My article spoke of the problem of employability in the Indian workforce:
Skill deficits have heavy social and political consequences, which are already being reflected every day on the news.As the India Labour Report 2007 , authored by TeamLease Services and Indicus Analytics, put it, “We believe that the skill deficit is more dangerous than the infrastructure deficit because it not only reinforces inequality but also amplifies it.” The longer it takes for the government to get its act together, the worse the situation will become.

I had not spoken about the migration of skilled labour from the country, given the constraints of the length of the article. The rate at which the country has lost quality work force is a function of  the lack of opportunities within the country. This has been changing in recent times with many Indians returning to take part in the 'Indian growth story'., even as other parts of the world seem less attractive. The latest : the fallout of the Dubai crisis has meant that skilled workers that India had 'exported' are now returning, at a time when the country needs them badly.
The ongoing crisis in Dubai may just prove to be a boon for the Indian infrastructure sector that is on a hiring spree and scouring the world for top and middle-level talent. The infrastructure sector, which includes construction of roads, highways, ports, airports, real estate, transportation, mining, steel, power and telecom, is witnessing a manpower shortage. “The infrastructure sector in India is in dire need of people who can manage projects and ensure their timely implementation. Such skill sets are hard to find here,” said Sanjiv Sachar, partner at Egon Zehnder International.

However, for  the Indian government,  this does not detract from the responsibility of creating an environment where employability of the Indian labour force is raised across the board, in all regions.

02 December 2009

Messages from Dubai

Two articles about the lessons from the Dubai debt issue stand out here:

The first by Anantha Nageswaran talks of the underlying problem - a mindset that demands instant gratification - and its implications for the developing world.

Amid all the hand-wringing over Dubai, what is being forgotten is that what has happened in Dubai over the last several years is only a manifestation of a global phenomenon. That is the problem of instant gratification. This affliction lies behind the global financial crisis. ....
Cities cannot be built in half a decade. Cities are not about tall concrete, steel and glass structures. They are breathing, living organisms with culture. Culture is historical. It takes time. Similarly, economic growth has to occur at a sustainable pace. Debt seduces us into thinking that we can have more of it than what is good for us.
If the hubris about breaking speed limits to growth and the achievement of permanent great moderation in economic cycles has brought the severest test yet of the US’ global supremacy, the prevalence of the same mindset in the developing world does not augur well for the great decoupling that some have taken for granted and some await with bated breath.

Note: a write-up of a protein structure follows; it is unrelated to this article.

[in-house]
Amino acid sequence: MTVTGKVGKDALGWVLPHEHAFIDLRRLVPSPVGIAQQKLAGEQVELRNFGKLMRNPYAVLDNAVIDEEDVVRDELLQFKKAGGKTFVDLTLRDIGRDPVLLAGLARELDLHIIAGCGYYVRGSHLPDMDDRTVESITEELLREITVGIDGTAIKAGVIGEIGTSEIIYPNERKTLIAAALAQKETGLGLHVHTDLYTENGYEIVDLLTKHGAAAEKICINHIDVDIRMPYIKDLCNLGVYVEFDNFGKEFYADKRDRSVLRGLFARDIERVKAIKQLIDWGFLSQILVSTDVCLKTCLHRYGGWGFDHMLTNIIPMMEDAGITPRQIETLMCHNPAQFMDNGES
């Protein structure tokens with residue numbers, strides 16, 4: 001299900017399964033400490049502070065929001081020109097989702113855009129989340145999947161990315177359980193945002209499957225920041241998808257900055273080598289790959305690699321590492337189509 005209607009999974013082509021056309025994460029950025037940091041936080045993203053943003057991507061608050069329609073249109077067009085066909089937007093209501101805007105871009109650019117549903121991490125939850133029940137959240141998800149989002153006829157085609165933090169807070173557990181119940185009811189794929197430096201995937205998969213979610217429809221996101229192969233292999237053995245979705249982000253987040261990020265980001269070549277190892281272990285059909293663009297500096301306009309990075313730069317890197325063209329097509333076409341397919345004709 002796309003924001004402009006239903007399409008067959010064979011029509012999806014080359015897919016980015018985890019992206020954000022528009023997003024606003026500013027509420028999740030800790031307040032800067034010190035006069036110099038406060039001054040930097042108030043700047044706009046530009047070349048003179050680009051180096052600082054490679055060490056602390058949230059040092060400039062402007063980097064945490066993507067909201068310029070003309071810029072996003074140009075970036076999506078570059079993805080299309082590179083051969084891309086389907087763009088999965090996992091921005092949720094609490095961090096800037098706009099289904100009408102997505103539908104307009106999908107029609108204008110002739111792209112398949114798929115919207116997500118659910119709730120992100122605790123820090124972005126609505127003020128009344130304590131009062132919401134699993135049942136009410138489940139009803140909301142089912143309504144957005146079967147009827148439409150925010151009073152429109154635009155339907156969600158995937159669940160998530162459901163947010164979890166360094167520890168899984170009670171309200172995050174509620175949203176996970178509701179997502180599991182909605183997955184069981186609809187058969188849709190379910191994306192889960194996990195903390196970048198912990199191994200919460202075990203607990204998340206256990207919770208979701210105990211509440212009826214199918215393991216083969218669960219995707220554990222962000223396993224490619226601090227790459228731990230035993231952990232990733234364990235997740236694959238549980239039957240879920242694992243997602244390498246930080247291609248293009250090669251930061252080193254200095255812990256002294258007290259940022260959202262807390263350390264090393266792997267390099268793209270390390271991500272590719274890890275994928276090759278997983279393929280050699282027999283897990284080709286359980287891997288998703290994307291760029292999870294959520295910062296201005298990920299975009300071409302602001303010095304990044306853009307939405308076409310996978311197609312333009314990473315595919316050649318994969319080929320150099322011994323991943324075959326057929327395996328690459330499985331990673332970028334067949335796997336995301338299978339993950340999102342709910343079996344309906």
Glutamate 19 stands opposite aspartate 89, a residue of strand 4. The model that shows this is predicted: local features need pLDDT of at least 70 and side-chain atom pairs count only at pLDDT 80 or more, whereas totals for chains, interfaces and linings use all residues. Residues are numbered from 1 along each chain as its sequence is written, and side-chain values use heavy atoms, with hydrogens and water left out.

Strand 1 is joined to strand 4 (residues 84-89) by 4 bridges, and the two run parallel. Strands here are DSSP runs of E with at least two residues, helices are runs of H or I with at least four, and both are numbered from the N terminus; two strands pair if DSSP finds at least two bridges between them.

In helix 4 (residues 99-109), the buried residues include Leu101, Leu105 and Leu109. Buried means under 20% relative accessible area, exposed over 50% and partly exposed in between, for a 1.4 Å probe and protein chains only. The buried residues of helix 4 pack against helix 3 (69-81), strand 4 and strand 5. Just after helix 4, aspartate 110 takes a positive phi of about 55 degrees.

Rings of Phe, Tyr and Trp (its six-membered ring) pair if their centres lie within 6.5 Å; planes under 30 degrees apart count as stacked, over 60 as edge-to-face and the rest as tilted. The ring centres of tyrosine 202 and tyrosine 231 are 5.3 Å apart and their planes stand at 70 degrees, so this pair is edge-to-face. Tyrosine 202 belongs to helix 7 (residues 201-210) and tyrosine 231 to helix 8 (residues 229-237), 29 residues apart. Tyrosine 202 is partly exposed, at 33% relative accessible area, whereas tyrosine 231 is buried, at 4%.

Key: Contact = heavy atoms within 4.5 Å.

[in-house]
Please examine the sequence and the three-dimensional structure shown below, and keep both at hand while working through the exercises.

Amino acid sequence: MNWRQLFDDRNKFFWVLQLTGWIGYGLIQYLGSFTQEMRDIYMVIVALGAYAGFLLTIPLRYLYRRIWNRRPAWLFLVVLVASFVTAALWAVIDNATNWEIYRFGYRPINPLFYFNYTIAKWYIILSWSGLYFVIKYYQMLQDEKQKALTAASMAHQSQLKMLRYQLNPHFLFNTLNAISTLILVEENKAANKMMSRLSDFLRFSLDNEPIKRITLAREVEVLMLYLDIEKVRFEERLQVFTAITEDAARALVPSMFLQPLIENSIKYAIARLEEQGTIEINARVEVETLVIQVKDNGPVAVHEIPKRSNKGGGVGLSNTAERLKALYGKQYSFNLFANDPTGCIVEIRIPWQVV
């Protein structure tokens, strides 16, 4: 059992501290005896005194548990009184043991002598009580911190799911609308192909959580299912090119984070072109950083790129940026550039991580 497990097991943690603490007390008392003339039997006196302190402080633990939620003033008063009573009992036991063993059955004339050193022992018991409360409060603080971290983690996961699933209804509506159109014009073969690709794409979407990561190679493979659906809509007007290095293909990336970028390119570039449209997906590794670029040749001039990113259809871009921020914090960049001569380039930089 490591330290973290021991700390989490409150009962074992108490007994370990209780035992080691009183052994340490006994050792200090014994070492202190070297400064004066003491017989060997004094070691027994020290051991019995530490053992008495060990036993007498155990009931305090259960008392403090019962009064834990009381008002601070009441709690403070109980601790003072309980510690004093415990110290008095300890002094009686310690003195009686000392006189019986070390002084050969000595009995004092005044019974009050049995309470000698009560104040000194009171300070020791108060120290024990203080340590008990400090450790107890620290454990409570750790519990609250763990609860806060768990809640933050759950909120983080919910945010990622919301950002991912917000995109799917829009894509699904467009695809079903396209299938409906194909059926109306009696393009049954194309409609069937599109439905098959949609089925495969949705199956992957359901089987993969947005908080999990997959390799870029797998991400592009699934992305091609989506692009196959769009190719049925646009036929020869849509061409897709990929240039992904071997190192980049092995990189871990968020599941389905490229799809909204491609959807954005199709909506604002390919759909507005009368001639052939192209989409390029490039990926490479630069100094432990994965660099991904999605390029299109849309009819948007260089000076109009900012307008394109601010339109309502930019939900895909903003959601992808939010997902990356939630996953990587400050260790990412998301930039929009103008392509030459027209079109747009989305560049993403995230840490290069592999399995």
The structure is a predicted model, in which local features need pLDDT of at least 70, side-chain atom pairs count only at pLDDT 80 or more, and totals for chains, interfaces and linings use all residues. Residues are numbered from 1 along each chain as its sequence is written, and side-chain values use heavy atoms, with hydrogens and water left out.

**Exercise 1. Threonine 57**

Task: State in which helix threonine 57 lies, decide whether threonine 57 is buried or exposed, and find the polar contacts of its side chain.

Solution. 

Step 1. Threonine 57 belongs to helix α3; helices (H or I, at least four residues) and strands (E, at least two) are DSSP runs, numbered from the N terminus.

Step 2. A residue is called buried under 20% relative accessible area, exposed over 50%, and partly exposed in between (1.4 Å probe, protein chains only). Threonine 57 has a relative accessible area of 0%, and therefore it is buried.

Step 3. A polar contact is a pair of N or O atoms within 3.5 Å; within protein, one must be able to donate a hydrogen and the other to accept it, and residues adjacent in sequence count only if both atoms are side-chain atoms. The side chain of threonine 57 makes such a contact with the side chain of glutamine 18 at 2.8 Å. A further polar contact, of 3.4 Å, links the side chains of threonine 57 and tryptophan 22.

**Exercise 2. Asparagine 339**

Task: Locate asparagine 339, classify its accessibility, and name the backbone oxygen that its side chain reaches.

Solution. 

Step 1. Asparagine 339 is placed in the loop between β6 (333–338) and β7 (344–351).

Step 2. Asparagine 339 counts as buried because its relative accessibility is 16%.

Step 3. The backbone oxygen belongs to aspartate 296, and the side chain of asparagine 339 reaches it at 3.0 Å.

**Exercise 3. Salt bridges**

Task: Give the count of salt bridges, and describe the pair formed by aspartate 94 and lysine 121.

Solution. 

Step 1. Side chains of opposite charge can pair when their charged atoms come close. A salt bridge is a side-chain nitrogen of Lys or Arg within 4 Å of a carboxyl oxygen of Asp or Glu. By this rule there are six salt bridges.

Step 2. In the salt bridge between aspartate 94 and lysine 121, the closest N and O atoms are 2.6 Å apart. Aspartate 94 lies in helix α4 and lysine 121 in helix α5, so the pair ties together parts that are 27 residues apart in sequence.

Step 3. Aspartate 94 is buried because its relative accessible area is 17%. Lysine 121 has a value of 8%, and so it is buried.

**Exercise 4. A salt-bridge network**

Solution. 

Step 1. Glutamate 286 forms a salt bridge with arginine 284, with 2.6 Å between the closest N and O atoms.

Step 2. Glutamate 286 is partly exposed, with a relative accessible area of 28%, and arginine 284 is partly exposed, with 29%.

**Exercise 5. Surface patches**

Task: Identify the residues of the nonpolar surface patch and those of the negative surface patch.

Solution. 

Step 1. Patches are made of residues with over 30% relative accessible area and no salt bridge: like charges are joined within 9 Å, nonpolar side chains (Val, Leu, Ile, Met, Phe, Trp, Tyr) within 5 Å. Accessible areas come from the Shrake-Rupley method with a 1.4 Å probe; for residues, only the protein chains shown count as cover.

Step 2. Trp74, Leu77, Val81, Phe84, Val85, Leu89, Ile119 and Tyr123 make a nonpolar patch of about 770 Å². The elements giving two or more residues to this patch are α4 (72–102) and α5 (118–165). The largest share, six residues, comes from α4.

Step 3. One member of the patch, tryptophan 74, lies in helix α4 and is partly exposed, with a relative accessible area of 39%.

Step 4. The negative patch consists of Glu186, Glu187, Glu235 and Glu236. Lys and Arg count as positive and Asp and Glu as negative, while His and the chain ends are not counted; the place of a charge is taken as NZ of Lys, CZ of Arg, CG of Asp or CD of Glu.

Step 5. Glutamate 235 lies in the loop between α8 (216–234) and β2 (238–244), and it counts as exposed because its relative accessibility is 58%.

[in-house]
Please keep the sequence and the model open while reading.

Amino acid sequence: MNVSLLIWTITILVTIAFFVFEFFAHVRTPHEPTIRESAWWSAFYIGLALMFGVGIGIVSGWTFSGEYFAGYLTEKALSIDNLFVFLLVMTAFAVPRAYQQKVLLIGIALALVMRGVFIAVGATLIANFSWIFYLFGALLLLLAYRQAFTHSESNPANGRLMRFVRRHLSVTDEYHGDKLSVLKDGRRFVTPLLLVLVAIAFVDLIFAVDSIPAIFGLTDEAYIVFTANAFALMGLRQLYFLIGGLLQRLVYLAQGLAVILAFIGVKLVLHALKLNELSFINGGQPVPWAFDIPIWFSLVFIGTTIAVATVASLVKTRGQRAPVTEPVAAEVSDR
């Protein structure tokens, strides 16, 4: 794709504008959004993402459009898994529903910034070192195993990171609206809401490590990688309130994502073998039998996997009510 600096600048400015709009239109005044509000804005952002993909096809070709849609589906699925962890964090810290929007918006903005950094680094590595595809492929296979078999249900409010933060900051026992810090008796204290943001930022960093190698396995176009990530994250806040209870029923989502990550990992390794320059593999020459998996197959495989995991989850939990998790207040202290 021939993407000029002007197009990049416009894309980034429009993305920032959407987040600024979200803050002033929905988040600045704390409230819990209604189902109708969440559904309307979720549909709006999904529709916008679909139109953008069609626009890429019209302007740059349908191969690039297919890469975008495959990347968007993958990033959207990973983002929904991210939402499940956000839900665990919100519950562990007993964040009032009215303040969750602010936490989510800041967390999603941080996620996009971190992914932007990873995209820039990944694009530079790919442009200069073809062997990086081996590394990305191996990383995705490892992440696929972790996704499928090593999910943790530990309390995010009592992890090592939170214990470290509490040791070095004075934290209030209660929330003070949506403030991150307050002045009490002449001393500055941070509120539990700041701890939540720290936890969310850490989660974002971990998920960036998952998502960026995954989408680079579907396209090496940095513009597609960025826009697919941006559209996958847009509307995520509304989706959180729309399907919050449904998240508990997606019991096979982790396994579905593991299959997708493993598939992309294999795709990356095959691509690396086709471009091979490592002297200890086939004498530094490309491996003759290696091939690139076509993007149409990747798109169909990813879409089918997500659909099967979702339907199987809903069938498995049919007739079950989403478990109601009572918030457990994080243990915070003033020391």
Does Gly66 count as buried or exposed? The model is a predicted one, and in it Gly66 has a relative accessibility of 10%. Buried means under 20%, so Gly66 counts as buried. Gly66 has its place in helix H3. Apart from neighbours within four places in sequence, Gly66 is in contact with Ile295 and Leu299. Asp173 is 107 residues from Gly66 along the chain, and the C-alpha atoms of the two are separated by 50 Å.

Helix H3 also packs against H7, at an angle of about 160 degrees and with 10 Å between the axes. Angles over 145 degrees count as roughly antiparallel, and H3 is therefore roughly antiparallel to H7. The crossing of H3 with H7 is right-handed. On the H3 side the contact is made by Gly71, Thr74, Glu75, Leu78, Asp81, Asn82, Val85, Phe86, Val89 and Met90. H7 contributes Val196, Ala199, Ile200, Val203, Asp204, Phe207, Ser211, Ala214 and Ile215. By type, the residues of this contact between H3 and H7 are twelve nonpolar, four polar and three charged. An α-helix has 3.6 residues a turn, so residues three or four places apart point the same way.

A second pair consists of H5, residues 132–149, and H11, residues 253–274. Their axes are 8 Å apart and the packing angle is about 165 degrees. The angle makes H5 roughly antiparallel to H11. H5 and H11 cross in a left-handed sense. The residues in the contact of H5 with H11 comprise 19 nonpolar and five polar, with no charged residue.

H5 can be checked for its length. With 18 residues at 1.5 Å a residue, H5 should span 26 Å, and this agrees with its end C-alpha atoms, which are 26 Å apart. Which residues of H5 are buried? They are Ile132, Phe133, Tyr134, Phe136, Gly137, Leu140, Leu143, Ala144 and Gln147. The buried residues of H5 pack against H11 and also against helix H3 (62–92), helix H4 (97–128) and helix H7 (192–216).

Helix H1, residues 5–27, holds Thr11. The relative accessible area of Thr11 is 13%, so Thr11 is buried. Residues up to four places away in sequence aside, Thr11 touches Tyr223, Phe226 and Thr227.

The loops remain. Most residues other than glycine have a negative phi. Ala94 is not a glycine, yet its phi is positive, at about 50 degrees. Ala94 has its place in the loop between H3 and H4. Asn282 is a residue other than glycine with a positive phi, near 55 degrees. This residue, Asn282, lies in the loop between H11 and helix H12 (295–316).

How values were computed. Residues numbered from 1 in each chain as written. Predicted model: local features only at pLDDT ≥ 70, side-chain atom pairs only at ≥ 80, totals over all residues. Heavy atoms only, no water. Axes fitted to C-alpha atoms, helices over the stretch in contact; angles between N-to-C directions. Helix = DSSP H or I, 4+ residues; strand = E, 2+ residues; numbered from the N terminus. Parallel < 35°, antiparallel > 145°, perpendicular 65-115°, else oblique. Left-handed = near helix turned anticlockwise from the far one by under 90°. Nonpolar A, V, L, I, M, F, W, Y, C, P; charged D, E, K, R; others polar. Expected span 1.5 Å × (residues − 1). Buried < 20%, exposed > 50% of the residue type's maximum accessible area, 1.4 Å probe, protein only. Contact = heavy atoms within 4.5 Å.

Hence, to be generous to today’s wannabe leaders in the developing world, the 21st century might ultimately be viewed as the period of transition for the hitherto poor nations but, on current evidence, it may not be the century of their arrival.
All this might be good for op-eds. But investors would be questioning its relevance for their actions. The answer is the same. Mind the risk and mind the price one pays for assets, and those are the equivalent of accepting delayed gratification in life.
On behalf of all of us, praying for a year of learning to accept delayed gratification.

 The second article by Simon Johnson 'Does Dubai matter?Ask Ireland' highlights not just the interconnectedness of the world in the matter of flows of activity, but also the impact of responses taken by certain regions to combat crises in other parts of the world:

The thinking is that a partial bailout – with creditor losses – for Dubai from Abu Dhabi implies something about how Ireland will be treated within the European Union (and the same reasoning is also more vaguely in the air for Greece).  ...

The main effect will be to strengthen the hand of Ben Bernanke in Fed policymaking discussions – so US interest rates will stay low for a long while.  If financial intermediaries draw the appropriate lessons from Dubai, Ireland, and Greece (and Iceland, the Baltics, Hungary, etc), they will be more careful about extending credit to places that are becoming overexuberant – even when it is cheap to increase debt levels.
But an outbreak of caution and care on the part of our biggest banks (and other investment managers) does not seem likely.

Both these articles point to greater issues of unsustainable/unwarranted debt levels, but both appear to be pessimistic over the question whether better sense will prevail.